19th April is, incidentally, the day Disraeli died in 1881: His monarch sent a wreath of primroses—‘His favourite flowers, from Osborne, a tribute of affection from Queen Victoria’ read the legend—to adorn his grave site. A controversial figure in his own time, he has become for many the exemplar of the Conservative party, with one stroke embodying a blend of progressive and preserving principles, from a Young England romantic to a sagacious elder statesman. His timeliness with the currents of modern Toryism is nowhere more evident than in a reform speech he gave in Edinburgh in 1867:
In a progressive country change is constant; and the great question is, not whether you should resist change which is inevitable, but whether that change should be carried out in deference to the manners, the customs, the laws, and the traditions of a people, or whether it should be carried out in deference to abstract principles, and arbitrary and general doctrines.
Progress, yes, but progress that is made the servant of the people and their sensibilities. If one is left in any doubt, Disraeli was uncompromising in his conservative credentials in his treatment of political history, Vindication of the English Constitution:
This respect for Precedent, this clinging to Prescription, this reverence for Antiquity, which are so often ridiculed by conceited and superficial minds, and move the especial contempt of the gentlemen who admire abstract principles, appear to me to have their origin in a profound knowledge of human nature, and in a fine observation of public affairs, and satisfactorily to account for the permanent character of our liberties.
The Conservative Manifesto adheres to many of Disraeli’s goals: decentralisation, and trust in the responsibility of communities and civil society, echo his Ministry’s Victorian faith in permissive legislation, favouring individual and local initiatives which were in ‘the character of a free people’—not enforced through compulsion by Whitehall diktat. The defence of the Union was always at the heart of Disraeli’s patriotism; in 1872, he proclaimed in Manchester that ‘the programme of the Conservative party is to maintain the Constitution of the country’, while in 2010 his party reaffirms that ‘We are a unionist party and we will not put the Union at risk.’ Meanwhile, policies to heal a broken society share the aspiration he called at a Crystal Palace gathering ‘the elevation of the condition of the people’:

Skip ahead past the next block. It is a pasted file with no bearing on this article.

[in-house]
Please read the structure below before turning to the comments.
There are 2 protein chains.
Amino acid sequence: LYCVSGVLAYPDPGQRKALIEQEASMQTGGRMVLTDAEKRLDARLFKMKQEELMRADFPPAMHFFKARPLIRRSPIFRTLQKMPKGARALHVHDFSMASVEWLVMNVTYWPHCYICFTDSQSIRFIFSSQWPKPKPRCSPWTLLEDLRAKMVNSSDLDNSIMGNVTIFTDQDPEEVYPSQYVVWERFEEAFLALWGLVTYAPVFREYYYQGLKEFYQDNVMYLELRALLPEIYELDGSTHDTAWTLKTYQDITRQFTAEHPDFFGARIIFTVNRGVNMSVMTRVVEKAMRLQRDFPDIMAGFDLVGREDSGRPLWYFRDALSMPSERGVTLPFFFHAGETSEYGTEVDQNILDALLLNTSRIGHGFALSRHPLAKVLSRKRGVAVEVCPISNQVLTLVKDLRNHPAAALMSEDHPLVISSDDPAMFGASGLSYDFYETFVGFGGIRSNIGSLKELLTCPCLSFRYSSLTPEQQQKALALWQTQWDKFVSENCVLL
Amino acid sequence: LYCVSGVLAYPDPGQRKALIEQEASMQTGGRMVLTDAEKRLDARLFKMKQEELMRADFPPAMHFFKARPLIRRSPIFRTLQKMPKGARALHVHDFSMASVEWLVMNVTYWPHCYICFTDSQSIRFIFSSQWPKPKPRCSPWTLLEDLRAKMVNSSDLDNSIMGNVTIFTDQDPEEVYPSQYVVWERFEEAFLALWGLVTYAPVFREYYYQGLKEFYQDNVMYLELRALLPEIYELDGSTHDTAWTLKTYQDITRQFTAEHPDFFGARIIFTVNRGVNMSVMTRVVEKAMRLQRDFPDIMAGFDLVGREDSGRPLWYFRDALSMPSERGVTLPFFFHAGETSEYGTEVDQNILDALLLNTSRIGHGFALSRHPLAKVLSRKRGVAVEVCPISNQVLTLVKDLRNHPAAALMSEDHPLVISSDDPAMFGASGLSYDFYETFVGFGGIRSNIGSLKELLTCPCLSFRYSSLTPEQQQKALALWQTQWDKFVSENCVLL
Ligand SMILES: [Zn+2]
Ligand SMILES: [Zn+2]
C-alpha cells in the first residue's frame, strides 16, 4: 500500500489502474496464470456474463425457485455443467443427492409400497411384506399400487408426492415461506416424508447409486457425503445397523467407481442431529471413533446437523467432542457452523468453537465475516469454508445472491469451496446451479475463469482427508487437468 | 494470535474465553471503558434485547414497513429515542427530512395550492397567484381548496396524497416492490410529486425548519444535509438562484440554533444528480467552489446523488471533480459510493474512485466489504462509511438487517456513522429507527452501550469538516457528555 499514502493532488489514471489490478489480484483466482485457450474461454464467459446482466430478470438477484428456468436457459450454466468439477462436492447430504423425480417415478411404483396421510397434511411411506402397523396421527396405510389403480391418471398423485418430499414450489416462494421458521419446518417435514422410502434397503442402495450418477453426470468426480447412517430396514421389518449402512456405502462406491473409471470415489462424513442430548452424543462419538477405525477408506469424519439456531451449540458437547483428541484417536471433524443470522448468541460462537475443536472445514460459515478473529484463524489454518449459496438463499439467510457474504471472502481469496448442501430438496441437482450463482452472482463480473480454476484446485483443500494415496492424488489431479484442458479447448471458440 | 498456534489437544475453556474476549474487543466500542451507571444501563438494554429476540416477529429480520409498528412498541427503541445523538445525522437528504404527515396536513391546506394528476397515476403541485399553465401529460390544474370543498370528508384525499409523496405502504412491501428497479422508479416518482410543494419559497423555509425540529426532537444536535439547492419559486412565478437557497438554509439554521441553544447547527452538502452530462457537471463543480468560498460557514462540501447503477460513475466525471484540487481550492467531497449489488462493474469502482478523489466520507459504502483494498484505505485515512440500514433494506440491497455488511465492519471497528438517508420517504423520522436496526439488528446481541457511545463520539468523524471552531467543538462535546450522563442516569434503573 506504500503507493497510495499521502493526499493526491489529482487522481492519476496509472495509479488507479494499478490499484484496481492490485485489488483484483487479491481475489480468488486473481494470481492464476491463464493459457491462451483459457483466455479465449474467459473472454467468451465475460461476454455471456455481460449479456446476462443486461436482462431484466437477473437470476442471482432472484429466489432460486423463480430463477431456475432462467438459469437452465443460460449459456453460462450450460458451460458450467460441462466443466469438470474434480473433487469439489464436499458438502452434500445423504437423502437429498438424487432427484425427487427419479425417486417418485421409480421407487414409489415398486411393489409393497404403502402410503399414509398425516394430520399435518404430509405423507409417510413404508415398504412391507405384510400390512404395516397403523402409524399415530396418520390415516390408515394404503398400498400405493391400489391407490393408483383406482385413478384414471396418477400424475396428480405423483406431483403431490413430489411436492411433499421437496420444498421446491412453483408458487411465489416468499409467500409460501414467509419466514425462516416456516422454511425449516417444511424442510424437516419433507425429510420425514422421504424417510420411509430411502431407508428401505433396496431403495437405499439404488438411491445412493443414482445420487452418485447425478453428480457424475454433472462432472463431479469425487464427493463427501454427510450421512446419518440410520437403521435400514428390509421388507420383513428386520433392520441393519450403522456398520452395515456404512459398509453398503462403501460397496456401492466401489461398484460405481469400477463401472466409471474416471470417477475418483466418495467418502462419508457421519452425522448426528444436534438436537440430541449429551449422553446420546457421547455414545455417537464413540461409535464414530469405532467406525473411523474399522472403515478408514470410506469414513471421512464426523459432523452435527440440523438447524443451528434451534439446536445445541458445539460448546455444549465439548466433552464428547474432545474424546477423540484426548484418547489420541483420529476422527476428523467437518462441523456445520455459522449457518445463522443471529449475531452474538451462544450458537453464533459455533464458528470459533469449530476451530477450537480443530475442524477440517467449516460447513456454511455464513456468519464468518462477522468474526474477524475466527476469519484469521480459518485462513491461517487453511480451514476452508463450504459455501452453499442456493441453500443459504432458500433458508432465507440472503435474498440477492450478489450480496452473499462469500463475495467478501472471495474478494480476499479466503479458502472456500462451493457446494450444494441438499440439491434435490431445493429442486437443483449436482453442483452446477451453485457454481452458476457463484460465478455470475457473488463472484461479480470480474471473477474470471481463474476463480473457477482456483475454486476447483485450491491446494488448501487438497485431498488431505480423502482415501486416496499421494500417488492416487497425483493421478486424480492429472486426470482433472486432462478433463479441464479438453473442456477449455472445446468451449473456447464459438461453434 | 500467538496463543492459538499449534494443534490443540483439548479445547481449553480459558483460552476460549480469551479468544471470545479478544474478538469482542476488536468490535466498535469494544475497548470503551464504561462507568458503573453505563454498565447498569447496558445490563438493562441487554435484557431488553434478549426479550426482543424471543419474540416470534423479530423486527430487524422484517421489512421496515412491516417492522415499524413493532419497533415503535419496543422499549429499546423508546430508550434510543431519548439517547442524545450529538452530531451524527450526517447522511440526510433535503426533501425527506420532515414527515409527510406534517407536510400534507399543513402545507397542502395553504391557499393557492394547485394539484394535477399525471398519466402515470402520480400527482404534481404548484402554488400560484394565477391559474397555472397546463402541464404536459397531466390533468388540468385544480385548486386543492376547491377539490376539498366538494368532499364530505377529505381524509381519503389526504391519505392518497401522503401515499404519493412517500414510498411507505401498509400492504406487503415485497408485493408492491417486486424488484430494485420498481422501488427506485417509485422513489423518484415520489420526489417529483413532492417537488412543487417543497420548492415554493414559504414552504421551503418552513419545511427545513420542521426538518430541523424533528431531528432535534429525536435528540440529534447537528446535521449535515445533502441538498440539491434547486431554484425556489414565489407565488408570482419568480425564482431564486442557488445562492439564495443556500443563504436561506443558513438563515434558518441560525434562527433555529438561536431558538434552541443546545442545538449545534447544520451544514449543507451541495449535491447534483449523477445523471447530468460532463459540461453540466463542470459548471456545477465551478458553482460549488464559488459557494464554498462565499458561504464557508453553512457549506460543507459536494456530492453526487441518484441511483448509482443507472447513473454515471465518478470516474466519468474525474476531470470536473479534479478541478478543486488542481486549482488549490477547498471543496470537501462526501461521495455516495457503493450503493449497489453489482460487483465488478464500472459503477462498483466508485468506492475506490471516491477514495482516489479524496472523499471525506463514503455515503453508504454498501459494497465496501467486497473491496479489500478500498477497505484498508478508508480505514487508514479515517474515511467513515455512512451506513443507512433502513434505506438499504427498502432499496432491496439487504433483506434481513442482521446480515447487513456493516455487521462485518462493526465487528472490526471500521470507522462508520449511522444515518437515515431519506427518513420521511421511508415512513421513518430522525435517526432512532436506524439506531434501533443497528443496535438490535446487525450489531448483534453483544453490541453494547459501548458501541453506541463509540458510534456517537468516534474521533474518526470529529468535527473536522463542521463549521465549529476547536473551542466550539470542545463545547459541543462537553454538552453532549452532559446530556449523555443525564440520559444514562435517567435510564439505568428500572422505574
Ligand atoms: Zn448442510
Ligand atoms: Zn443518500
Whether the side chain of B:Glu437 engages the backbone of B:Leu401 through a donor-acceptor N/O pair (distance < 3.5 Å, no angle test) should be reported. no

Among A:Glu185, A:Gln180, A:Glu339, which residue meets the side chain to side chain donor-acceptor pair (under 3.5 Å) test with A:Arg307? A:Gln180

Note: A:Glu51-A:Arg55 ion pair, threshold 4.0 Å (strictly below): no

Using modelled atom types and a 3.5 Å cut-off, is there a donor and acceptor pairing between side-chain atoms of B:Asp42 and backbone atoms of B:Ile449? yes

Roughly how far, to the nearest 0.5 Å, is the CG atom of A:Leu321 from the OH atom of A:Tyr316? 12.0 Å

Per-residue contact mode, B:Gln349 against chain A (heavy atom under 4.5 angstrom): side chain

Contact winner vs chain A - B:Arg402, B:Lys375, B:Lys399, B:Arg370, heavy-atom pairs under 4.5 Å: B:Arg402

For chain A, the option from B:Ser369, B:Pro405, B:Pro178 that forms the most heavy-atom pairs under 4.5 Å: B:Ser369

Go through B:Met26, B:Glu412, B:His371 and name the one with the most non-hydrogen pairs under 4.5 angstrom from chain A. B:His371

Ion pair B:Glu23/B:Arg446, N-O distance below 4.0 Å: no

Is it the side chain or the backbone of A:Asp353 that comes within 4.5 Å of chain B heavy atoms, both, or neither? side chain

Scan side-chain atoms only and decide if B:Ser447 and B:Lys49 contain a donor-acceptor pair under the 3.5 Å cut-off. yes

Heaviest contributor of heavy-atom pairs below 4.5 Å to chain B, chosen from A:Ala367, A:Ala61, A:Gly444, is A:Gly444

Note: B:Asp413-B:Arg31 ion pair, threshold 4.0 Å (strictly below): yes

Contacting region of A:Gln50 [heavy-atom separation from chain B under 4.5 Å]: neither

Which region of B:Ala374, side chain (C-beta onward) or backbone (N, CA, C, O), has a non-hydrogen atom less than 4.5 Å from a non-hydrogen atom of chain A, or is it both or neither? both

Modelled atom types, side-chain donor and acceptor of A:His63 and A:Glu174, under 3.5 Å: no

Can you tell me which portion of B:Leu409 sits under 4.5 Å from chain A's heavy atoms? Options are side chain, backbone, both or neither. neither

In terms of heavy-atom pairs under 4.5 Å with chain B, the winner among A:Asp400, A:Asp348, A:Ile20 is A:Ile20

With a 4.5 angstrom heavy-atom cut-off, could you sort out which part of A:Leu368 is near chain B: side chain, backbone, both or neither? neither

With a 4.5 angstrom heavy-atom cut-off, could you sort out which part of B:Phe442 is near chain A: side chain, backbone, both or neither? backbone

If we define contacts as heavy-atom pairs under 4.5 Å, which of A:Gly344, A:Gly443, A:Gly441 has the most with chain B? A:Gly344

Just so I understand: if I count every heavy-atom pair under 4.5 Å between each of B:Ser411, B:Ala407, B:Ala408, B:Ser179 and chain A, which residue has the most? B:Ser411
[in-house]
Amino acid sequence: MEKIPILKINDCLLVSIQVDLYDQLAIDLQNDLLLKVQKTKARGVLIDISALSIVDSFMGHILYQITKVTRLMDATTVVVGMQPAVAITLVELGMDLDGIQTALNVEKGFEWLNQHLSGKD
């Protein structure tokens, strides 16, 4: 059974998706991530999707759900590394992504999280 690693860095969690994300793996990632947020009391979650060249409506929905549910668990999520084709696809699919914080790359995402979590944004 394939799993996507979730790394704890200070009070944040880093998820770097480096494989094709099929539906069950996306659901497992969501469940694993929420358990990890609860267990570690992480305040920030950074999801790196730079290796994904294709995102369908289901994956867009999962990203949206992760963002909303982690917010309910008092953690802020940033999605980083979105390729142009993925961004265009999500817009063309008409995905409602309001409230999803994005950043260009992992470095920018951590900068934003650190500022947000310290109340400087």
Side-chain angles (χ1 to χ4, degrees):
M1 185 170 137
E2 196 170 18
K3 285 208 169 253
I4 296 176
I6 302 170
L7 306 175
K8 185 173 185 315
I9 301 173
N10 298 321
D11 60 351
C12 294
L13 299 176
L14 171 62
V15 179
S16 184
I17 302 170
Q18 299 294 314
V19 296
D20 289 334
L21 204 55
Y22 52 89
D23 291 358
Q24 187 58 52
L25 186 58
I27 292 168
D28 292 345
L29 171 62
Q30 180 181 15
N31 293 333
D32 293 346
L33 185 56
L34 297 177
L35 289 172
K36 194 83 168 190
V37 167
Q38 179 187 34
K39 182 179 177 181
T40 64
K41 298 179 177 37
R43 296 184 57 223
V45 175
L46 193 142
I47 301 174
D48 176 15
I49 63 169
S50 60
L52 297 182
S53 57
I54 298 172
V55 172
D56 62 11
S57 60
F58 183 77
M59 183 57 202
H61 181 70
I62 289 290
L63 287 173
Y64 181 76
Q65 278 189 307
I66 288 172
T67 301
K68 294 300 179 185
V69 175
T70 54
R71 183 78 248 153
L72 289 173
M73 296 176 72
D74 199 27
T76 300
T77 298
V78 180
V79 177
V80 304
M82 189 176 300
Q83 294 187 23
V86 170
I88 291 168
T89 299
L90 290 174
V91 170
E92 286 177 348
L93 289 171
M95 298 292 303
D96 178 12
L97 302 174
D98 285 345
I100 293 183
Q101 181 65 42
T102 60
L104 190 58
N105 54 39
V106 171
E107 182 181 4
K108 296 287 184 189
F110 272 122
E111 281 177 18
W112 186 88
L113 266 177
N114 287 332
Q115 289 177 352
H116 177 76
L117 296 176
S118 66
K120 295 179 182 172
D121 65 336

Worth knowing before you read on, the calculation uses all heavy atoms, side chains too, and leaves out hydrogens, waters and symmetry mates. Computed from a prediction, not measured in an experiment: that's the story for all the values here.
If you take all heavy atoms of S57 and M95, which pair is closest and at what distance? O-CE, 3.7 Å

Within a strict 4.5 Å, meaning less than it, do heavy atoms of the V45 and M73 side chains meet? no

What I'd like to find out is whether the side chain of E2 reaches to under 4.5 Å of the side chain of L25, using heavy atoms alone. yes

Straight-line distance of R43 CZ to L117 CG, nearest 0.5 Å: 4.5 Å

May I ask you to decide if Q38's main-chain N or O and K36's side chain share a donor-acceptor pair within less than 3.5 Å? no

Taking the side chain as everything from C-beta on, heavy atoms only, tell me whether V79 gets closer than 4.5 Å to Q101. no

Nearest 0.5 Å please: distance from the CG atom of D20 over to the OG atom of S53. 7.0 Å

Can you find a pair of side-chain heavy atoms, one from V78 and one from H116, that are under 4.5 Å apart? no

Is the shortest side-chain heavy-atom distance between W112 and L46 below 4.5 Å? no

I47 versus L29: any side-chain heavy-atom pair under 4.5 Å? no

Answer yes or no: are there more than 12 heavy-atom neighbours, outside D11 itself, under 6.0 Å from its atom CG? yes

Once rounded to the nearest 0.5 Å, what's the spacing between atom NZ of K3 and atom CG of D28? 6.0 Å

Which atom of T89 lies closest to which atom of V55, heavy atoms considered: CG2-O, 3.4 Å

...is it at all wonderful that they should wish to elevate and improve their condition, and is it unreasonable that they should ask the Legislature to assist them in that behest as far as it is consistent with the general welfare of the realm?
In that 1872 speech, Disraeli set out a social programme to bridge what he called in the novel Sybil the divide between ‘the Rich and the Poor’—his answer was One Nation Toryism and a series of bills addressing housing and health, finance and trade, and education. In these points and more, the Manifesto may with justification be said to mirror the One Nation vision.
Now, immersed in the fray of a general election campaign, candidates and their supporters would do well to remember his biting witticism about Gladstone, paraphrased for contemporary benefit: ‘If David Cameron fails to become prime minister, it would be a misfortune; but, if Gordon Brown were to remain at No 10, it would be a calamity.’
‘You must act as if everything depended on your individual efforts,’ were Disraeli’s parting words to the Conservative activists assembled at the Crystal Palace. ‘The secret of success is constancy of purpose.’ Happy Primrose Day!
[A version of this essay was published by Platform 10.]